“Food pills" were a staple of science fiction for decades. For our Galaxy, they may be real.
The Galaxy has been making stars for the last 8 billion years. What’s kept it going all that time?
When old stars die, some of their gas goes back into the galactic “soup” for star making. But in the long run a lot of it gets locked up in long-lived dwarf stars.
By Lisa Harvey-Smith
“So - what do you do?”
The question dreaded by astronomers seeking a quiet social evening. When I do fess up, quite often I get a grilling about alien life on other planets.
The truth is that most astronomers have little stake in finding life on other planets. Our work primarily focuses on studying a particular type of star or galaxy, or probing the physical or chemical processing that drive the evolution of our universe.
In the journal Science today, astronomers using our Parkes telescope have revealed signs of cataclysms in the distant Universe.
They've found four 'bursts' or 'flashes' of radio waves, the furthest one coming from about 11 billion light-years away. And, they say, if you had 'radio eyes' — eyes that could detect radio waves — you'd see one of these 'bursts' going off somewhere in the sky…
Like well-made tomato soup, the very early Universe was hot and (fairly) smooth. How did it evolve into the Universe that we have today — a Universe more like minestrone — a Universe that has galaxies, stars, planets and people?
One aspect of the process astronomers want to learn about is how galaxies assembled themselves and how they started forming stars.
Astronomers using a CSIRO radio telescope have taken the Universe’s temperature, and have found that it has cooled down just the way the Big Bang theory predicts.
Using the CSIRO Australia Telescope Compact Array near Narrabri, NSW, an international team from Sweden, France, Germany and Australia has measured how warm the Universe was when it was half its current age.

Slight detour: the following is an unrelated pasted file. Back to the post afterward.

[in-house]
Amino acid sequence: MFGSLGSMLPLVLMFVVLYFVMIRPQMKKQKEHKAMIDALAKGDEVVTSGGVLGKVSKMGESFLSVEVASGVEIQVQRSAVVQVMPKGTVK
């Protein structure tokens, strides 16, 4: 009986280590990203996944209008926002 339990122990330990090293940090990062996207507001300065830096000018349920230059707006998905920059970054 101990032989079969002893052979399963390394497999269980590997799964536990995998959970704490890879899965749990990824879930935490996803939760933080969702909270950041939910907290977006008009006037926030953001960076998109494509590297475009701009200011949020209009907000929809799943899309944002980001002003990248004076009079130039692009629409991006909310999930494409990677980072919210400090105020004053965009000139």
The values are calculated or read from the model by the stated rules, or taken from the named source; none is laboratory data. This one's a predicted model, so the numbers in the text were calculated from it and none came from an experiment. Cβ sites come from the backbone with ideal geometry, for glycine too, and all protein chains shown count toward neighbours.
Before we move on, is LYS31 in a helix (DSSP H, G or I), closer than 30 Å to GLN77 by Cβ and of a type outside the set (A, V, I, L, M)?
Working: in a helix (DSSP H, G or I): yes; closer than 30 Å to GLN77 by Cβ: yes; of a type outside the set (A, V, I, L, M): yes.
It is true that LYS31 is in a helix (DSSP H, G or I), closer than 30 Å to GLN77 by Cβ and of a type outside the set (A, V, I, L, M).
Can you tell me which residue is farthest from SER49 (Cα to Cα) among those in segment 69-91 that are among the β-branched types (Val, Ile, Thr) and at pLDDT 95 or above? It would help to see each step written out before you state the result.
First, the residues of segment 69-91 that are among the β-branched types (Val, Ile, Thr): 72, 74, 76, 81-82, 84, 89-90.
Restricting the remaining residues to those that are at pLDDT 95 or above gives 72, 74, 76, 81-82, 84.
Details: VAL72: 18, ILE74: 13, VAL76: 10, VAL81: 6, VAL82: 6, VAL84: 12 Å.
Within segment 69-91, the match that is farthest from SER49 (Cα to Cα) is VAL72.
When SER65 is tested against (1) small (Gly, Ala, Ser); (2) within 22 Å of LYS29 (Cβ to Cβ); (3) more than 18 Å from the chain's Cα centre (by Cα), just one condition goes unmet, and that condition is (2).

“This is the most precise measurement ever made of how the Universe has cooled down during its 13.77 billion year history,” said Dr Robert Braun, Chief Scientist at CSIRO Astronomy and Space Science.
Because light takes time to travel, when we look out into space we see the Universe as it was in the past — as it was when light left the galaxies we are looking at. So to look back half-way into the Universe’s history, we need to look half-way across the Universe.
How can we measure a temperature at such a great distance?
The astronomers studied gas in an unnamed galaxy 7.2 billion light-years away [a redshift of 0.89].
The only thing keeping this gas warm is the cosmic background radiation — the glow left over from the Big Bang.
By chance, there is another powerful galaxy, a quasar (called PKS 1830-211), lying behind the unnamed galaxy.
Radio waves from this quasar come through the gas of the foreground galaxy. As they do so, the gas molecules absorb some of the energy of the radio waves. This leaves a distinctive “fingerprint” on the radio waves.
From this “fingerprint” the astronomers calculated the gas’s temperature. They found it to be 5.08 Kelvin (-268.07 degrees Celsius): extremely cold, but still warmer than today’s Universe, which is at 2.73 Kelvin (-270.42 degrees Celsius).
According to the Big Bang theory, the temperature of the cosmic background radiation drops smoothly as the Universe expands. “That’s just what we see in our measurements. The Universe of a few billion years ago was a few degrees warmer than it is now, exactly as the Big Bang Theory predicts,” said research team leader Dr Sebastien Muller of Onsala Space Observatory at Chalmers University of Technology in Sweden.
“A precise and accurate determination of the cosmic microwave background temperature at z=0.89″, by S. Muller et al. Accepted for publication in the journal Astronomy & Astrophysics; online at http://arxiv.org/abs/1212.5456
MEDIA: Helen Sim Ph: +61 2 9372 4251 E: email@example.com